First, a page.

The Student Newspaper of Oxford Academy

The Gamut

The Gamut

The Gamut

Corporate influences continue contaminating Anaheim City Hall

Gia Nguyen

Corruption has lurked beneath the City of Kindness’s superficial veneer for ages, as exposed by an investigative report released in July of this year. The dark side of Anaheim continues rearing its head in the city council’s biased approach to Measure A, calling for more regulation and awareness around corporate lobbying.

In the wake of an FBI investigation last year, city officials commissioned an investigation into the city by the legal firm JL Group. The 353-page report released to the public on July 31, detailing confidential city council information leaks to resort and developer interests. Anaheim’s corruption runs deep — the former Mayor Harry Sidhu was allegedly involved in a “potential criminal conspiracy” where $1.5 million of COVID relief money was illicitly diverted to the Chamber of Commerce (which “acted virtually as a money-laundering operation”). Loose regulation over lobbyists prevails with falsely reported lobbying activities. Ultimately, these developments unveil how citizen interests are easy to forget when influence peddling remains rampant. Influence peddling (where connections are used in exchange for favors) reflects city officials’ greed over care for their actual residents — especially for a measure that directly challenges the revenues of the largest businesses in Anaheim.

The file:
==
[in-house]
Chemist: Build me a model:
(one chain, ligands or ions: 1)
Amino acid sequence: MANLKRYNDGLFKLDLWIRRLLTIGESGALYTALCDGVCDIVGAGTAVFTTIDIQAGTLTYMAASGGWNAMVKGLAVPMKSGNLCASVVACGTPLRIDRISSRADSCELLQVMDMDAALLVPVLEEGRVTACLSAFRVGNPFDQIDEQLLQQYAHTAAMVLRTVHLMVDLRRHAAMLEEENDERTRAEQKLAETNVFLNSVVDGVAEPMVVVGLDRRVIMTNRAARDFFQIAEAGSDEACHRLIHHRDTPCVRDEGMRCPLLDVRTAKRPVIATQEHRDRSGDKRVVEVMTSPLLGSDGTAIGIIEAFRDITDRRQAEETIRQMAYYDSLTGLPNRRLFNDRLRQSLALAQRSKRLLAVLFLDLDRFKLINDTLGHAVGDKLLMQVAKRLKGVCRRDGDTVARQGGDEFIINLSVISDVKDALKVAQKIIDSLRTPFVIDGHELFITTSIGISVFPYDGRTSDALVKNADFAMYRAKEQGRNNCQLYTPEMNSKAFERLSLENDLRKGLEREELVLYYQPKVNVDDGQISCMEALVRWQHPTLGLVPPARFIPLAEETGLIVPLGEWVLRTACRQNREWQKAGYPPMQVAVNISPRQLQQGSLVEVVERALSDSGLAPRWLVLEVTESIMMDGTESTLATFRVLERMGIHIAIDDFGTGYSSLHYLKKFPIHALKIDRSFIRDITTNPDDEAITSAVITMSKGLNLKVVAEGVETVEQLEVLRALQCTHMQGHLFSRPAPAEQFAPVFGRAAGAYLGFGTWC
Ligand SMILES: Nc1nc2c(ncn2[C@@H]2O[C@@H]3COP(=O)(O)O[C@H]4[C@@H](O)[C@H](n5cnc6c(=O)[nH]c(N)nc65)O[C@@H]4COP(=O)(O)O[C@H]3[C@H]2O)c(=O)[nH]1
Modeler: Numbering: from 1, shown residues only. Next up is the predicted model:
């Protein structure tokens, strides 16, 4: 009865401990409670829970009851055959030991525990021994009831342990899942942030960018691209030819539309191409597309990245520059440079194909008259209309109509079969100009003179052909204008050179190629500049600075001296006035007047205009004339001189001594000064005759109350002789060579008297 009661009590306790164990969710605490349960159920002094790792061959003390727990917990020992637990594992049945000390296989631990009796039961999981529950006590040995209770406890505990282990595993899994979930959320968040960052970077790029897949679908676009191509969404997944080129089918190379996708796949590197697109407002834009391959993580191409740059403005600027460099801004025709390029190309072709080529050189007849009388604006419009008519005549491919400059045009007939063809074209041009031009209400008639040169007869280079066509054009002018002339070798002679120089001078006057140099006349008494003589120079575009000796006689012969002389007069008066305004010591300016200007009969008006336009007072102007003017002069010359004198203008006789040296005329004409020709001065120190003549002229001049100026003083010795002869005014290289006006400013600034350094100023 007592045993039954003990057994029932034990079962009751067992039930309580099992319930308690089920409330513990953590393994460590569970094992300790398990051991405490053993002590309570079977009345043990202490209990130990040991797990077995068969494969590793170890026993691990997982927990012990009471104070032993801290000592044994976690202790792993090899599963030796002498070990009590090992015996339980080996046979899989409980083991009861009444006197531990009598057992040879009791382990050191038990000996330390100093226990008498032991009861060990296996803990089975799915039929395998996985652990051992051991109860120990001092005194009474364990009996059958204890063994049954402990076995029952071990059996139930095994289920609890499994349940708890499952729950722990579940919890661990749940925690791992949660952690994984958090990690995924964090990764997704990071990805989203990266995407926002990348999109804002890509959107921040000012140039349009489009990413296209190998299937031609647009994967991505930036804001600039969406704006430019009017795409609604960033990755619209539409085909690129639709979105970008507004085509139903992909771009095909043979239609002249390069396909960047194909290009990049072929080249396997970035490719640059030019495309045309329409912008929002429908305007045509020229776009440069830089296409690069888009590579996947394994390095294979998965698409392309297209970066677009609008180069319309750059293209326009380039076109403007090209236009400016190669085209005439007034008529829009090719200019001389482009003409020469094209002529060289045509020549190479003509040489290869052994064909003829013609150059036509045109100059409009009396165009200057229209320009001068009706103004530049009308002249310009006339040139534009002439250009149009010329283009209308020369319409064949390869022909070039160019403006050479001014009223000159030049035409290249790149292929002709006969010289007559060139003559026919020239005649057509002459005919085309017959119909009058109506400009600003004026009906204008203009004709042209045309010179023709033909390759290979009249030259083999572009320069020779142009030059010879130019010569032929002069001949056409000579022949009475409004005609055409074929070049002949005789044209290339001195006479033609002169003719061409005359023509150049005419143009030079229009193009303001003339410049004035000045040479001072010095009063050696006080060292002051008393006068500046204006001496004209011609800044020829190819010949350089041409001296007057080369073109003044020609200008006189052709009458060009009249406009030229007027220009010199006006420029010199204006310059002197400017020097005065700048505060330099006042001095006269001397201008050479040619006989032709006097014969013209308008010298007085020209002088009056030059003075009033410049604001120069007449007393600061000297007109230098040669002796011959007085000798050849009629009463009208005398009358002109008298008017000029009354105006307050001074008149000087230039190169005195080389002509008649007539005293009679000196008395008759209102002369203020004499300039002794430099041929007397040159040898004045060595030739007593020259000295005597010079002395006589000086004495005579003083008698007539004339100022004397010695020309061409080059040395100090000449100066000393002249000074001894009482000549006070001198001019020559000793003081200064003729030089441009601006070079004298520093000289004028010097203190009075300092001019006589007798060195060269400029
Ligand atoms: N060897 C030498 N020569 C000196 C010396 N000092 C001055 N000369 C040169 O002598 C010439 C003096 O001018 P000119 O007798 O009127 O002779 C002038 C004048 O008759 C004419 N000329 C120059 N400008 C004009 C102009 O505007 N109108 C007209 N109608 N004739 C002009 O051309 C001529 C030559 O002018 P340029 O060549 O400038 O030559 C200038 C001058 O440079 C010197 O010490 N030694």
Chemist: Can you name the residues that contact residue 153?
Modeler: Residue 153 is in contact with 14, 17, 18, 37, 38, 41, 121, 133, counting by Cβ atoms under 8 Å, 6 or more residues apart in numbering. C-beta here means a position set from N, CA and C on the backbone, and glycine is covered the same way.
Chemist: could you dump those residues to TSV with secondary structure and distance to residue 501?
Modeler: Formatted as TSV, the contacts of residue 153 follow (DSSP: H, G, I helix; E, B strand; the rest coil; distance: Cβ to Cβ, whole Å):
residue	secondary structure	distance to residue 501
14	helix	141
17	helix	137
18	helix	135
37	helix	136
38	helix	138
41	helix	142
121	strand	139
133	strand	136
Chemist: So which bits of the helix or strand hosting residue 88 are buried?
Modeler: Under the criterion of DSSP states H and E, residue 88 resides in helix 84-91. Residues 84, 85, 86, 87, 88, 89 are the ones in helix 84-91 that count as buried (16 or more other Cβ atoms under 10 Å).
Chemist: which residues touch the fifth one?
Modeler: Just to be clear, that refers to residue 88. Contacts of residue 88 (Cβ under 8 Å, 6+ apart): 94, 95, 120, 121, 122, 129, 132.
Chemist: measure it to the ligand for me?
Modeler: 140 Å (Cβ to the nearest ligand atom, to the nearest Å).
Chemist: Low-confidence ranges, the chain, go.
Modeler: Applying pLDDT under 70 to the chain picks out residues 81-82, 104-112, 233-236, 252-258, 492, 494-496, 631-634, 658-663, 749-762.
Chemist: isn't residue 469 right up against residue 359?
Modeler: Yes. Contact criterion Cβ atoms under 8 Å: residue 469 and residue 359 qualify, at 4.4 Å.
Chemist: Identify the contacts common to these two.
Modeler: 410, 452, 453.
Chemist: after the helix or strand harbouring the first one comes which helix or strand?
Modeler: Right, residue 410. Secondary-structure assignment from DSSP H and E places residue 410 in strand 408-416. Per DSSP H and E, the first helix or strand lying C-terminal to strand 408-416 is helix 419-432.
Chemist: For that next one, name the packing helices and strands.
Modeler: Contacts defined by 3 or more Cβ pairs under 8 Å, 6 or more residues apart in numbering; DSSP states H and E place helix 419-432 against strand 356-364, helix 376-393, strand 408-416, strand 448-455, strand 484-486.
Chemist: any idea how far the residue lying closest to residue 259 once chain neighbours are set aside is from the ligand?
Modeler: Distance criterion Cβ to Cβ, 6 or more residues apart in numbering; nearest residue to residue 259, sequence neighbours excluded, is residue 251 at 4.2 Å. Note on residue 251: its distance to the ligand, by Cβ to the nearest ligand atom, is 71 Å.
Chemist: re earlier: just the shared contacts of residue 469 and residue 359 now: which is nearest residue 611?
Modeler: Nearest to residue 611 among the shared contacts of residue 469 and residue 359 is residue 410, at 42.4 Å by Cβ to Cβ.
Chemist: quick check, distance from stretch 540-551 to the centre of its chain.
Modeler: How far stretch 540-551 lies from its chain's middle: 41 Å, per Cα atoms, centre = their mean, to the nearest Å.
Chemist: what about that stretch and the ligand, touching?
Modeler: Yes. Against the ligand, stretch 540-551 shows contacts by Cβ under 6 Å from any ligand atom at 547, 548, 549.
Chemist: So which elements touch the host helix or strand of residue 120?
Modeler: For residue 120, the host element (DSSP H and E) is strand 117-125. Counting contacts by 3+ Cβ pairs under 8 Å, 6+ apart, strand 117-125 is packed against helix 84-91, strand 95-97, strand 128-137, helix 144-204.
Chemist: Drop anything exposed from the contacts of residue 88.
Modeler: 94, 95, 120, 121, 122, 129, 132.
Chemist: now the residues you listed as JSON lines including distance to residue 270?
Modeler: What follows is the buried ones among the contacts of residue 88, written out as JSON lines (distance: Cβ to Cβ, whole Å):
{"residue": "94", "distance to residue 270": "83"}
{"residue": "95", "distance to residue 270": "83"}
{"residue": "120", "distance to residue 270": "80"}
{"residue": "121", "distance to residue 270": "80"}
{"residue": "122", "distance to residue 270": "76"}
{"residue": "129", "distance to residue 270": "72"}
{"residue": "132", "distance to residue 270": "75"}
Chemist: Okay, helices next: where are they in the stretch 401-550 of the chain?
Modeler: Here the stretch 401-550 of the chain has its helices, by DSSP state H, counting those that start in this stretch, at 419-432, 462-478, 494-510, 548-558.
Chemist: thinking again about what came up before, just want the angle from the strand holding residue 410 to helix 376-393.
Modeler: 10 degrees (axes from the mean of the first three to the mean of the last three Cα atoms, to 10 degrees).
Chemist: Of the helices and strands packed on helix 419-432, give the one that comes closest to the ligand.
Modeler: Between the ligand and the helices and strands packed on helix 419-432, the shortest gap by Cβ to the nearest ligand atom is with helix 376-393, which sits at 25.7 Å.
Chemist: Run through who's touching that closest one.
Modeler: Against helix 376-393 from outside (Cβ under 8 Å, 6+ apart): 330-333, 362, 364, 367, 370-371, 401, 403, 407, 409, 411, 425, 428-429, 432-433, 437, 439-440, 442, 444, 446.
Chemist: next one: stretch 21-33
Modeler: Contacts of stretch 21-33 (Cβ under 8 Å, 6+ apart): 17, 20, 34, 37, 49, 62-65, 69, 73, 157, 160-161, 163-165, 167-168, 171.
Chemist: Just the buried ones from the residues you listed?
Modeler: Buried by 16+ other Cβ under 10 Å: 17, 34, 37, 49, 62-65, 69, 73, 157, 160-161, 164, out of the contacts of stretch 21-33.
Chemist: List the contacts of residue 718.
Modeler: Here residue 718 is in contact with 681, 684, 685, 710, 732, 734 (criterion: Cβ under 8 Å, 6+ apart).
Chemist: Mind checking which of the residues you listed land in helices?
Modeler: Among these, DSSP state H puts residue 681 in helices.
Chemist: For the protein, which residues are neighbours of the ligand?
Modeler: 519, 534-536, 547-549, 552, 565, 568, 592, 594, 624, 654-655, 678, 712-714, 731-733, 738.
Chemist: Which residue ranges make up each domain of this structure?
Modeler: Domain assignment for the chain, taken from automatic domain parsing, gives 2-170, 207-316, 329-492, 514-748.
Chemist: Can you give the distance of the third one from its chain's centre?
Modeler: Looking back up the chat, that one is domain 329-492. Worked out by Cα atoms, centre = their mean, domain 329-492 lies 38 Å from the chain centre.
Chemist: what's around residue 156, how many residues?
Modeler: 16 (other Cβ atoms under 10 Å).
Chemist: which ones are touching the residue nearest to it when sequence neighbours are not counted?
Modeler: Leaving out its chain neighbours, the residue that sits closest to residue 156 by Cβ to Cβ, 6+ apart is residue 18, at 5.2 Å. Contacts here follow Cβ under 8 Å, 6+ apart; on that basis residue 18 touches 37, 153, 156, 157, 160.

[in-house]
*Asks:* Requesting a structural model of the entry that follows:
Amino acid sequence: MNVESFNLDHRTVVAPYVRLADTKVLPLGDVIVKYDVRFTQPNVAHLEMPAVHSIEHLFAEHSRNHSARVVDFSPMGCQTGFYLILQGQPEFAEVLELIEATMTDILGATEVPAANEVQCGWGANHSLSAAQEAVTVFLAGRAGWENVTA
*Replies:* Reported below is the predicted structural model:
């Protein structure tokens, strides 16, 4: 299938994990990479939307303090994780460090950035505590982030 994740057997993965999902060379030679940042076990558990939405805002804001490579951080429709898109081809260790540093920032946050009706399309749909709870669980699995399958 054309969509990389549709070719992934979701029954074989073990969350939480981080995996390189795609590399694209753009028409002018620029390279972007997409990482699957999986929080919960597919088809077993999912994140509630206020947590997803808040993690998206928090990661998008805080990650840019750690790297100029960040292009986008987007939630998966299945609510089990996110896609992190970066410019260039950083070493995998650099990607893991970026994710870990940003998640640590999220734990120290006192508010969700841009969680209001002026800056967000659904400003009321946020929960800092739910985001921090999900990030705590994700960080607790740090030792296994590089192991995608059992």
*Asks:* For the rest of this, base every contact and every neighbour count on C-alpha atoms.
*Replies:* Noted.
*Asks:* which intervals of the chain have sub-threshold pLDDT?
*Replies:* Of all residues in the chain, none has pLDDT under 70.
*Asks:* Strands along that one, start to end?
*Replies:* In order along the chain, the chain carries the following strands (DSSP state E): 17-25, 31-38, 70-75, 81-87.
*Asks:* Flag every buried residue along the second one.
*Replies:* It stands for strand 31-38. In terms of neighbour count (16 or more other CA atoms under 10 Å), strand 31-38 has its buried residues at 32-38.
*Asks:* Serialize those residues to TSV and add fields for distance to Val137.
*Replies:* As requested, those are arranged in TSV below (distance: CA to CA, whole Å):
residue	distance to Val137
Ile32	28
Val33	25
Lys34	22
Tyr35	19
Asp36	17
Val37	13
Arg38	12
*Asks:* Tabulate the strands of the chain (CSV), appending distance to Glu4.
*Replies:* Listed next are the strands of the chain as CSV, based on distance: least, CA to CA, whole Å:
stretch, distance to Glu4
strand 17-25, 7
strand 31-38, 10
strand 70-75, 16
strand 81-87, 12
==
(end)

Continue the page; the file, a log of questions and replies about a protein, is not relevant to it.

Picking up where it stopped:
On Oct. 3, Anaheim residents voted in a special election on Measure A which would provide hotel and event workers a $25 minimum wage, workload restrictions, and safety protections. About 66% of voters opposed the measure, though the measure’s conditions doomed it from the start. Anaheim City Council chose to hold a special election for Measure A rather than place it on the general election ballot, claiming to address economic concerns sooner — a hypocritical notion considering that the special election costs $1.3 million more than a general election ballot, while having historically lower voter turnout. Currently, five out of the six council members were supported by resort funding in their respective city council campaigns, reflecting ulterior motives for a special election. In the past decade alone, Disney has spent over $7.5 million in city council campaigns, swaying votes much more significantly than any other local business.

The disproportionate amount of funding provided by Measure A opponents versus supporters poses another concern. With hotel corporations including Disney Worldwide Services and Marriott International sponsoring the campaign against Measure A, it has raised $3.2 million — five times the amount of funding as the union supporting the measure. Combined with special elections’ typical lower voter turnout, the playing field was designed to be significantly imbalanced in favor of powerful corporations.